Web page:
AXA IM Alts joins GreenStruxure’s impact investment partners Huck Capital and Inclusive Capital Partners, alongside strategic investor and technology partner Schneider Electric. In May GreenStruxure secured a $500mn commitment from ClearGen, a subsidiary of private equity giant Blackstone.
GreenStruxure designs, builds, operates and maintains on-site renewable energy microgrids for commercial and industrial buildings in the US.
It aims to simplify and accelerate market adoption of renewable energy microgrids, offering an innovative outcome-based alternative for building owners and operators who want sustainable, cost-effective, resilient, onsite energy delivered to them hassle-free as a service with no upfront capital expenses or operational risks.
The equity by AXA IM Alts will support GreenStruxure to continue its development in a sector in urgent need of decarbonisation, facilitating a step change for energy usage in hard-to-abate industries.
Building on 20 years of impact investing experience, AXA IM Alts seeks to address some of the biggest sustainability challenges globally, and climate change is at the forefront of the global sustainability agenda.
Jonathan Dean, Head of Impact Investing at AXA IM Alts, said GreenStruxure is a first mover in the Energy-as-a-Service microgrid space, which is providing sustainable, more resilient and stable energy solutions.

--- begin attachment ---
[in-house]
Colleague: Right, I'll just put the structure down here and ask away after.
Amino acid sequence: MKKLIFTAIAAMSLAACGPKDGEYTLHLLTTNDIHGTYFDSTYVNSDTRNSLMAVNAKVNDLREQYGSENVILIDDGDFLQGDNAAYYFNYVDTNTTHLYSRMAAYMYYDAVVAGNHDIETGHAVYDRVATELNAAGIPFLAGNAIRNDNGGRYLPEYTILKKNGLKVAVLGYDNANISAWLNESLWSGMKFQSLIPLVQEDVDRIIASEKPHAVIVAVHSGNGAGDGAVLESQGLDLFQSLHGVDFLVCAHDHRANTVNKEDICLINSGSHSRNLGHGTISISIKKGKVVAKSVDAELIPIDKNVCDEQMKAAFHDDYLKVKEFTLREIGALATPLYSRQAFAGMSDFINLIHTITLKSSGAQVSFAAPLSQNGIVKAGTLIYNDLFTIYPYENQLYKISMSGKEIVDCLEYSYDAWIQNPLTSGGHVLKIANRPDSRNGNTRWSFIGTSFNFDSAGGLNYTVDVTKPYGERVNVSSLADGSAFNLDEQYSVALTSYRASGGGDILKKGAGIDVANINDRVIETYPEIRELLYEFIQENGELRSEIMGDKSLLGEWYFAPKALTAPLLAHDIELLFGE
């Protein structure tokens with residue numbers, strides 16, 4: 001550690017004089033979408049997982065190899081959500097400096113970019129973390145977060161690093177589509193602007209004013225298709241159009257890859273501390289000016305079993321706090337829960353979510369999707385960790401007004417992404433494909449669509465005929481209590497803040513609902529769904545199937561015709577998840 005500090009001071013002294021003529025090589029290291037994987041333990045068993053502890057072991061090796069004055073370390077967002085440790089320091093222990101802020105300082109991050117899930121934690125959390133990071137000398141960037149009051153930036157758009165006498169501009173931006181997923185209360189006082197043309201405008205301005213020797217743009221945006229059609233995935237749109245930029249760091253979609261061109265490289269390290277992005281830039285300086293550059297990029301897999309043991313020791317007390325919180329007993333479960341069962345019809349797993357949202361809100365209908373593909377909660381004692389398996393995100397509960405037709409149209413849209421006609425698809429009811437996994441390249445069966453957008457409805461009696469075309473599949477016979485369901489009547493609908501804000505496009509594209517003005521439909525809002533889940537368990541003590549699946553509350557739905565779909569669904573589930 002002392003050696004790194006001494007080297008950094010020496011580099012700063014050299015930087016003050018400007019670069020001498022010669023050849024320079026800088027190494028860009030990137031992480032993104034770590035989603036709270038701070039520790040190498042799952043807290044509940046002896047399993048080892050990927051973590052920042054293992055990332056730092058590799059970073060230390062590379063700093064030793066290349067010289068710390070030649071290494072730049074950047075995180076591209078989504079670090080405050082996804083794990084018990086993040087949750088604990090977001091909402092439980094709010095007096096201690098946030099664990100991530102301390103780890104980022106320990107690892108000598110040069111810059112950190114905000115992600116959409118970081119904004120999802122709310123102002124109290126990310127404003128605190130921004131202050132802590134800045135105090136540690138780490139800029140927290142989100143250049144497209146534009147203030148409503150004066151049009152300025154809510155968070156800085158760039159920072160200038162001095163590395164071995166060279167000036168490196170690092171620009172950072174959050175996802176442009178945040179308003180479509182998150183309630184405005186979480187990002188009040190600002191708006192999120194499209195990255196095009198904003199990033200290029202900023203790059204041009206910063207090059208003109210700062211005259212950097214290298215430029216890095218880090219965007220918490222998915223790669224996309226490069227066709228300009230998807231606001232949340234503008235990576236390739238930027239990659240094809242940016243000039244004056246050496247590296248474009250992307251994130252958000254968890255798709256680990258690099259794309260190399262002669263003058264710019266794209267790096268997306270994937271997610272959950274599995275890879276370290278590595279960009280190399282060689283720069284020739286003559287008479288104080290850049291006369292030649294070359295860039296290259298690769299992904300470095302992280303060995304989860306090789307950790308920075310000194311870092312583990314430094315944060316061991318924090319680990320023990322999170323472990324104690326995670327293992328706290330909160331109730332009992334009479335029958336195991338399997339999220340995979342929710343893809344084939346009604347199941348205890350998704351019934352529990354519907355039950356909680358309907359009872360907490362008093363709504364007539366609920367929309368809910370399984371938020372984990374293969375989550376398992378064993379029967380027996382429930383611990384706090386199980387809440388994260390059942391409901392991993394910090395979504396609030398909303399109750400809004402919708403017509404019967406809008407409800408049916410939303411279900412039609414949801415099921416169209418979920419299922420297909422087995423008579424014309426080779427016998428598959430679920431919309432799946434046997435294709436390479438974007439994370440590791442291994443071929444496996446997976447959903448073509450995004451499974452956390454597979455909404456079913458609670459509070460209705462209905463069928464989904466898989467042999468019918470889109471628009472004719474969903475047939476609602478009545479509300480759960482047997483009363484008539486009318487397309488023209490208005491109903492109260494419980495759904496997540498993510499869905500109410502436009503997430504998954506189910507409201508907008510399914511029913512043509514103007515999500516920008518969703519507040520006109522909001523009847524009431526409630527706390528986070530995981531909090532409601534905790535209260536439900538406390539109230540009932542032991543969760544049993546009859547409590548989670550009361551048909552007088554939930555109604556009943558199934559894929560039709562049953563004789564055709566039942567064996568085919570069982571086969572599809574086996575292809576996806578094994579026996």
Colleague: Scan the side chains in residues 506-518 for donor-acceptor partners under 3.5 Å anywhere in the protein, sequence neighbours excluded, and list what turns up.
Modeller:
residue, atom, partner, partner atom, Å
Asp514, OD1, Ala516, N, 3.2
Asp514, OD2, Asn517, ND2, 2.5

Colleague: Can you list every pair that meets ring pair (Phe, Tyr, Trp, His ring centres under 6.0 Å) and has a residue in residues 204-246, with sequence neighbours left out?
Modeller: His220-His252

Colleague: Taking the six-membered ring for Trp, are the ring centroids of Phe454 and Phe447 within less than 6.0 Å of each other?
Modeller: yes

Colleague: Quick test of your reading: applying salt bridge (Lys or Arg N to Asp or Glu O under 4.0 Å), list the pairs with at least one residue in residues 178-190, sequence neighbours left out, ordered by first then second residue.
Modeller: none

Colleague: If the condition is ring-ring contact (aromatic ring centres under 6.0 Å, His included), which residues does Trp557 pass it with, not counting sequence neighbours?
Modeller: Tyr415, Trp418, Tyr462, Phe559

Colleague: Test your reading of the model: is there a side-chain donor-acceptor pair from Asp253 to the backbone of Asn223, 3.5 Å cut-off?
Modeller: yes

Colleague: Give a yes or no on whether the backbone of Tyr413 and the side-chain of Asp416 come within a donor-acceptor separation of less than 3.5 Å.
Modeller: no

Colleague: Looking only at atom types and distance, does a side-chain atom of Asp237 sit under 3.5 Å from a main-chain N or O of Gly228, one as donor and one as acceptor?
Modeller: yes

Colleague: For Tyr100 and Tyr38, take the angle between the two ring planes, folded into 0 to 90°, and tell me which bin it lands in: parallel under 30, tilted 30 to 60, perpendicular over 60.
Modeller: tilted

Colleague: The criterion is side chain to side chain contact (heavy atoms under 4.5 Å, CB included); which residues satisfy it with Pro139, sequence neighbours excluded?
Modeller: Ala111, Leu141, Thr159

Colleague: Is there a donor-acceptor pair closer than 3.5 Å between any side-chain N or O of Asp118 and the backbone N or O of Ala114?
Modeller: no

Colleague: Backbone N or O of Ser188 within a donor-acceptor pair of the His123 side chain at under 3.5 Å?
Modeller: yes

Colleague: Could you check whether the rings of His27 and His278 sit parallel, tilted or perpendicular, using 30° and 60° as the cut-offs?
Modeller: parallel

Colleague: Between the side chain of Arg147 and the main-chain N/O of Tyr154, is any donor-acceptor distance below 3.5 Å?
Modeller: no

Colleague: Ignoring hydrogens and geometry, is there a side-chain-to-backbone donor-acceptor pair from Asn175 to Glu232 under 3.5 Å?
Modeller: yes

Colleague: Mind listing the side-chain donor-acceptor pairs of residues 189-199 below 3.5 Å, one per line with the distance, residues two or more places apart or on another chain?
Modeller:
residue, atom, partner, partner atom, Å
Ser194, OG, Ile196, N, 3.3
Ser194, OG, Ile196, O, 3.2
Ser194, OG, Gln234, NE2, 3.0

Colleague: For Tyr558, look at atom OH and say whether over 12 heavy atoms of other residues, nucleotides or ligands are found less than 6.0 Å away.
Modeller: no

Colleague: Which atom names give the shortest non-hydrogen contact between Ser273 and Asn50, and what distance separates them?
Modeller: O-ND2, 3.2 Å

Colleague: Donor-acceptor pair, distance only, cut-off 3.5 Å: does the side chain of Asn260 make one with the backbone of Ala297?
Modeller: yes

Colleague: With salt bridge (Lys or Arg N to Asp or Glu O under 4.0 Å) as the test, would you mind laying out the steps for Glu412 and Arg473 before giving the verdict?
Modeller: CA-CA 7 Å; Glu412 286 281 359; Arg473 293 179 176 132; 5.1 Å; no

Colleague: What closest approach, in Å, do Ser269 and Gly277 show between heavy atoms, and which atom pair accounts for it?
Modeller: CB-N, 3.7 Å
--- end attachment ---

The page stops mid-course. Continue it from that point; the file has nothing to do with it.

"GreenStruxure provides a clear opportunity to displace fossil fuel-based grid energy," he said. "This investment reinforces our continued commitment to climate action, namely our impact goals of evolving resource efficiency and providing sustainable solutions to the global market."
Demand for on-site renewable energy assets is growing rapidly as consumers are faced with rising energy costs, a desire to improve the sustainability of their operations, and service outages caused by extreme weather and natural disasters.
Financial benefits of heat-and-power microgrids
Using estimates from the Fourth National Climate Assessment for increases in extreme weather events and coastal infrastructure damage driven by climate change, McKinsey estimates that by 2050, the cost of damages and lost revenues would rise by 23% ($300mn), or approximately two to three additional years with major hurricane damage.
These projected increases are conservative, based on estimates of regional increases in extreme weather or storm damage due to sea-level rise. Combined, these estimates give a baseline of $1.7bn in economic damage for each utility by 2050.
Decentralising electricity generation is one of its key recommendations. "Locating smaller, utility-scale facilities closer to population centres can reduce reliance on long transmission lines that are vulnerable to damage during storms," it states. "It also means that if one facility goes down, others still keep going."
After Hurricane Irene knocked out power to many Connecticut residents in 2011, the state began encouraging the formation of microgrids to improve resiliency. Subsequently, the town of Fairfield launched a microgrid for its critical infrastructure services, including its police department, fire department, communications center, and homeless shelter.
While no storm has knocked out power to the main grid since installation, the town estimates the combined heat-and-power microgrid has saved the town an estimated $60,000 a year in electric expenses and $10,000 in heating expenses during normal operations - an example in which improving resiliency can be cost-effective.